Summary: To examine how God works in the life of Moses to bring about His Sovereign purposes.
SBC Philippi 10/24/04
God’s Sovereign Hand of Purpose
Primary Purpose: To examine how God works in the life of Moses and brings about His Sovereign purposes.
Today we are looking at what could be described as one of the darkest times in Jewish history. The story begins with the birth of Moses. This is about 360 years after the Egyptians began oppressing them into forced labor. The edict from Pharaoh has just been handed down (1:22) that because of the large size of the Jewish nation that the boys who are born to Hebrew women from this point on much be destroyed by throwing them into the Nile River. So, this is a very difficult and fearful time for the Hebrew people. Yet, just as this edict is being handed down, a leader is being born who will help deliver the people from their distress.
A mother was putting her little four year old daughter to bed for the night. The child was afraid of the dark, and the mother, on this particular occasion, with her husband away, was fearful also.
When the light was out, the child caught a glimpse of the moon outside the window. “Mommy” she asked, “is the moon God’s light?” “Yes”, the mother said.
Then the child asked, “Will God put out his light and go to sleep?” The mother replied, “No dear, God never goes to sleep.” Then, out of the simplicity of a child’s faith, the little girl said something which gave reassurance even to her mother. “Well, as long as God is awake, there is no sense both of us staying awake.” And off to sleep she went.
(From a sermon by David Phaneuf “A Love That Keeps” original author unknown)
I. God’s Hand at Work v.1-9 Moses is born to parents who are born Levites. These are the people who would eventually lead the people of God in temple service. At this point, Moses has a older brother and sister, Aaron and Miriam.
Even when Moses is born, God’s hand is on him. God gives Moses mother the courage to be disobedient to Pharaoh and to hide the baby. When this becomes impossible, Moses mother does the difficult thing of placing the baby in a basket and leaving him there among the reeds.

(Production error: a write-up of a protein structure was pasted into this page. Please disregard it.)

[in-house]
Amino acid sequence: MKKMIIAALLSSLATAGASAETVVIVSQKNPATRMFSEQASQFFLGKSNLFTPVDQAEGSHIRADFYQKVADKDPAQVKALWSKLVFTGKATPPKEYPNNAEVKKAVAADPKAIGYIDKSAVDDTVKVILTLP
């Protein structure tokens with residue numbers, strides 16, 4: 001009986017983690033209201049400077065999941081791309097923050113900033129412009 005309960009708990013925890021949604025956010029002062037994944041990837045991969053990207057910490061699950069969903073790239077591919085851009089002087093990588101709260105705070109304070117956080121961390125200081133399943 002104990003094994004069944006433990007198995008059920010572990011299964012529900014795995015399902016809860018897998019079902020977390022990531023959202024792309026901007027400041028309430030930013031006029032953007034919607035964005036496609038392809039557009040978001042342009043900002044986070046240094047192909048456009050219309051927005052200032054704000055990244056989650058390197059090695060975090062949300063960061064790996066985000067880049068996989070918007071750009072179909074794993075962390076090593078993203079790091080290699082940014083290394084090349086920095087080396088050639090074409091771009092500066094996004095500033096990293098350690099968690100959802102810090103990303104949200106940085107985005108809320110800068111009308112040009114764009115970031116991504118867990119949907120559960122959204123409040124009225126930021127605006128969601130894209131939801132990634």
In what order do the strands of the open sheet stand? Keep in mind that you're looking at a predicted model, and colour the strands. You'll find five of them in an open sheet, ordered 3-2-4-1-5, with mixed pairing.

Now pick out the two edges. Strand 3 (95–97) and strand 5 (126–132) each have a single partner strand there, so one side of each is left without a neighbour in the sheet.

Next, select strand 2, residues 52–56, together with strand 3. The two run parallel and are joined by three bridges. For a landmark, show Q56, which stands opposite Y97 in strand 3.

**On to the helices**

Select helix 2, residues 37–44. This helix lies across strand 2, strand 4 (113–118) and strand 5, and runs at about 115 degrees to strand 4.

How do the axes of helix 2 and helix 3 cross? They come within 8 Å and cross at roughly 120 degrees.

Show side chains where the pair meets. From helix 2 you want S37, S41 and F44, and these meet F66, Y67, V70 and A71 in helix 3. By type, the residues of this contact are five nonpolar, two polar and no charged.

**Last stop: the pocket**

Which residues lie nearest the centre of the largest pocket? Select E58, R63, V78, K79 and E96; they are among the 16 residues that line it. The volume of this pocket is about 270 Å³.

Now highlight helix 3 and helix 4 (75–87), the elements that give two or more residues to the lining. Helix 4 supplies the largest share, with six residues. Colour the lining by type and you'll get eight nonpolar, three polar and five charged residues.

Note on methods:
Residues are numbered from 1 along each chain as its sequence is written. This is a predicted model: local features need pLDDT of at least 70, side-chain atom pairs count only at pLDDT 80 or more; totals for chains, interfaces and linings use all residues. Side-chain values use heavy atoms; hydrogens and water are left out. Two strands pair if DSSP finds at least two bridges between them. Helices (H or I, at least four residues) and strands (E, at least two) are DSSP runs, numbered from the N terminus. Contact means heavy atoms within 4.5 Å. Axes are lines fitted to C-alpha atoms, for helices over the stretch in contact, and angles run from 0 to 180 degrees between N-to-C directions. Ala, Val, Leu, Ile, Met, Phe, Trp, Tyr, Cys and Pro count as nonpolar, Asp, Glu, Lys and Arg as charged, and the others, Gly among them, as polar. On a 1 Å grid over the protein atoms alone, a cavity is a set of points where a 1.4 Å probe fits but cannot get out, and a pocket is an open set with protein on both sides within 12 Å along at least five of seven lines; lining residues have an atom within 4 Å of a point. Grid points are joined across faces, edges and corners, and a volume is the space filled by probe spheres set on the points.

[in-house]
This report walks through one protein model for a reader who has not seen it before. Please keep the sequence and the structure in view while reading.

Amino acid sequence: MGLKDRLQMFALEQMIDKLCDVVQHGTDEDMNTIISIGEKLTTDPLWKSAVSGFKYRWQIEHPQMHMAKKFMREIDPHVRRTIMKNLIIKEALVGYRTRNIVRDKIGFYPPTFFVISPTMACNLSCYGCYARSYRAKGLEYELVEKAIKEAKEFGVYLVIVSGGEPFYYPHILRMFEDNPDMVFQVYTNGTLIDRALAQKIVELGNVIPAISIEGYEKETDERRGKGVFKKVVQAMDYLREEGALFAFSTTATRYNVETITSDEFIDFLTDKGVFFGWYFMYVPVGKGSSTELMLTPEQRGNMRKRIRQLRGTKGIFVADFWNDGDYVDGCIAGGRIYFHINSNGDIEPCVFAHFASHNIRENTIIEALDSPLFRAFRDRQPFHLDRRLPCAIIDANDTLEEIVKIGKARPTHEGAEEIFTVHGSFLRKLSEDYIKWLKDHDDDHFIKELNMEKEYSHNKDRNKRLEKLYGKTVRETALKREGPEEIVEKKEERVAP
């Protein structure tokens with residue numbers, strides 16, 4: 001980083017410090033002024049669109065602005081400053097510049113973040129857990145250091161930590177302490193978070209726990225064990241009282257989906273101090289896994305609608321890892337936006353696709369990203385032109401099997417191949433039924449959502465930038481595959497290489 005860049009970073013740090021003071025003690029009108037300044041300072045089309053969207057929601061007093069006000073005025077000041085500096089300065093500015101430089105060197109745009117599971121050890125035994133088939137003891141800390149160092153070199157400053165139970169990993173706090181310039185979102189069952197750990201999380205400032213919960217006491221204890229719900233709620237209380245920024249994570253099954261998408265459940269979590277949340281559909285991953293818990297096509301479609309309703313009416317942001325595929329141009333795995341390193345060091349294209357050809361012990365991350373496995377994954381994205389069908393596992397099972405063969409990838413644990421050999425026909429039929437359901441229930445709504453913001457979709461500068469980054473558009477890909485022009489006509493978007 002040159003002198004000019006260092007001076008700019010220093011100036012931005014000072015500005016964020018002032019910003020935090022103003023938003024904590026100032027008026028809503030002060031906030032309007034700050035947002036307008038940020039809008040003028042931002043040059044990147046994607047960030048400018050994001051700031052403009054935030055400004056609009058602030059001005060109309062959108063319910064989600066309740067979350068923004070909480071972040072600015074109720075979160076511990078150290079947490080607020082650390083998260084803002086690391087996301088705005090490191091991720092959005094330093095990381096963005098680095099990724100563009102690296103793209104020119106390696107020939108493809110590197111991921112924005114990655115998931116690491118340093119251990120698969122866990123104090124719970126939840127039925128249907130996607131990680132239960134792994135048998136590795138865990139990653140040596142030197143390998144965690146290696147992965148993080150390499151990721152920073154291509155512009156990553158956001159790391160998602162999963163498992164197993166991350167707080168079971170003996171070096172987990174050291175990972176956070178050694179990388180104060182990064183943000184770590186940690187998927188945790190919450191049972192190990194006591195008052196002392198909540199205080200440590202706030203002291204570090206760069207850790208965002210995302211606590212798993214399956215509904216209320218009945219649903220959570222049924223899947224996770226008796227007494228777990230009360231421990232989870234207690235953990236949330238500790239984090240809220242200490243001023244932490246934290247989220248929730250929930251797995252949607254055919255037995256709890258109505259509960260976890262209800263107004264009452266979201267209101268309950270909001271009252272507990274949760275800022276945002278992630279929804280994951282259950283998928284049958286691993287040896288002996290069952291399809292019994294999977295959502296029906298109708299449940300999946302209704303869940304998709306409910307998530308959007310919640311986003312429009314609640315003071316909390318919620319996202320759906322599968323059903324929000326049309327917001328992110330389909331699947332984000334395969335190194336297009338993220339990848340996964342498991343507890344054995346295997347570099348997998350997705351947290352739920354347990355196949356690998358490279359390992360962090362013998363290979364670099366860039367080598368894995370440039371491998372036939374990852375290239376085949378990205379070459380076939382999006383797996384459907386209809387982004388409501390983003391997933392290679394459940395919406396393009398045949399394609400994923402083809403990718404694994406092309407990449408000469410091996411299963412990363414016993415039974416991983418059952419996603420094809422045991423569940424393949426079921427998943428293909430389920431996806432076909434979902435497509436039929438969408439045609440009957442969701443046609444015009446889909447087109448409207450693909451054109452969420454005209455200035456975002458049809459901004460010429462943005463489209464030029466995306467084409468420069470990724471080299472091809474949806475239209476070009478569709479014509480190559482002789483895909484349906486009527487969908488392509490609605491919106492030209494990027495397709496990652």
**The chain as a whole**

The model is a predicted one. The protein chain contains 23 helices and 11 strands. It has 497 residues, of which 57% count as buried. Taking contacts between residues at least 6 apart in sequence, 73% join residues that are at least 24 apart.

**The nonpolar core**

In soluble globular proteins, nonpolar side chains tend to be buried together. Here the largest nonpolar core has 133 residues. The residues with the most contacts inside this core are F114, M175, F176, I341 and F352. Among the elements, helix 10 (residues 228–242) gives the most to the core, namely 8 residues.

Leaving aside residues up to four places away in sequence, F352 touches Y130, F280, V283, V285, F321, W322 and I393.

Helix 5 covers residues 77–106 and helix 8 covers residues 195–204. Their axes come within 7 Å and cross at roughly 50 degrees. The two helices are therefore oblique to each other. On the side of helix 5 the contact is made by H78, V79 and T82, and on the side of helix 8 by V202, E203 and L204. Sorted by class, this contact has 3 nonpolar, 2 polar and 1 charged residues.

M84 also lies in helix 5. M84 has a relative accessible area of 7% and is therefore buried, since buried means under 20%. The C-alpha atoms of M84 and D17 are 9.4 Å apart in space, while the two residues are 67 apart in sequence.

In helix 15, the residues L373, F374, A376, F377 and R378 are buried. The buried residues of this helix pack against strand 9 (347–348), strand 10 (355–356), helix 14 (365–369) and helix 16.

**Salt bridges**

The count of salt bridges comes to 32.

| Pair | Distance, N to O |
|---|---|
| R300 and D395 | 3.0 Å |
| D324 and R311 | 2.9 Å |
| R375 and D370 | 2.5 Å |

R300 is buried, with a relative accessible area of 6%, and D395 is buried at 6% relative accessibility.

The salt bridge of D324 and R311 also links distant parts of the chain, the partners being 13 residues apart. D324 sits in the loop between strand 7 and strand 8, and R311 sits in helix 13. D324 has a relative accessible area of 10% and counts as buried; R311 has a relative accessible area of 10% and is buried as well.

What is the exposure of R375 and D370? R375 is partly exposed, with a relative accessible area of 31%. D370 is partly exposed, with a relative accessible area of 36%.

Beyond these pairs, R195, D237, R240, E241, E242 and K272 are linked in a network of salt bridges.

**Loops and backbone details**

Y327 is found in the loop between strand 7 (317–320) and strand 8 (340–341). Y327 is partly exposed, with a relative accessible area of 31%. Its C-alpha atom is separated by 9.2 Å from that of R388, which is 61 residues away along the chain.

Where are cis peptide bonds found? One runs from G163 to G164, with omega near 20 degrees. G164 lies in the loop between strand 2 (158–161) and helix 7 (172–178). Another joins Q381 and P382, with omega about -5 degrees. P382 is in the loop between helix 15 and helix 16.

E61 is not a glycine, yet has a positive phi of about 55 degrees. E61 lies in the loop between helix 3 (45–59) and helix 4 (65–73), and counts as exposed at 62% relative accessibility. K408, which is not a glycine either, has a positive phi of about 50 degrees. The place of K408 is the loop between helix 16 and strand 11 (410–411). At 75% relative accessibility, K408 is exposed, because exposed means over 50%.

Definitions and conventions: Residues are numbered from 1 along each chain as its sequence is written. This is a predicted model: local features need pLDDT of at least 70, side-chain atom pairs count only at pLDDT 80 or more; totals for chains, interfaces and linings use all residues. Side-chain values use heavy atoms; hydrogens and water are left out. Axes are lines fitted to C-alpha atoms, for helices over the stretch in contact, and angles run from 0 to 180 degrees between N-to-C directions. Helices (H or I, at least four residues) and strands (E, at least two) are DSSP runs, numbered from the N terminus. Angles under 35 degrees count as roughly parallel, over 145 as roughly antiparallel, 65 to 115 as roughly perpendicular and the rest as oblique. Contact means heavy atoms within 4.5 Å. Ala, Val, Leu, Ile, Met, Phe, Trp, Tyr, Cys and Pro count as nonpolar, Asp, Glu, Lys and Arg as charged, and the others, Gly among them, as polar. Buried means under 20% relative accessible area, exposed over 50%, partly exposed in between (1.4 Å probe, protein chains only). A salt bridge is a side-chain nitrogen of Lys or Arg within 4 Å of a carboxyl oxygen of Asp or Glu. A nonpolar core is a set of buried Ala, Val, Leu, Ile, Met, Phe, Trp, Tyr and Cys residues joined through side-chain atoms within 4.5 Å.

It is impossible to know if Moses’ mother knew that Pharaoh’s daughter would be by soon. We don’t know if she even stayed to find out what would happen. All sorts of things could have happened to the child, none of them good. Left on his own, he would eventually become dehydrated and die. As it turns out, Pharaoh’s daughter comes sometime afterward and sees the child. It is not a given that she would have compassion on the child. She could have dumped the baby out and kept the basket. But, here again God brings just the right person to the scene and moves her heart with compassion.
II. God Equips Moses for a future task- v.9-11. God equips Moses for a special task he has for him in several ways. First, he allows his mother to continue to raise the child. How strange it must have seemed to have given up your child to fate, only to find your enemies daughter saying as Pharaoh’s daughter did to Moses’ Mother “Take this child away and nurse him for me and I shall give you your wages.” Now, by Pharaoh’s daughter own words he is protected. Not only that, but she will now get paid for watching her own son. She has the opportunity to instill in him some values and teach her son about who he is and who their people are. This may be why it says in Heb 11:24 “By faith Moses, when he had grown up, refused to be called the son of Pharaoh’s daughter; choosing rather to endure ill-treatment with the people of God, than to enjoy the passing pleasures of sin.”
Second, God uses the Egyptian schoolmasters and education to prepare Moses for the writing of the law and the leadership that he will provide to become the deliverer of Israel. Moses by all accounts had the best education in the world, along with literature, science and writing. God is here using the Egyptian school to equip the young Moses to carry out his task.
III. God’s Role for Moses assumed v.11-14. Josephus tells us that at age 40, Moses went out to see his people and saw this one Egyptian taskmaster abusing a Jew. Stephen, the first martyr of the church, told this story and said about it that, Acts 7:23-25, “when he was approaching forty, it entered his mind to visit his brethren, the sons of Israel, and when he saw one of them being treated unjustly, he defended him and took vengeance for the oppressed by striking down the Egyptian. And he supposed that his brethren understood that God was granting them deliverance through him, but they did not understand.”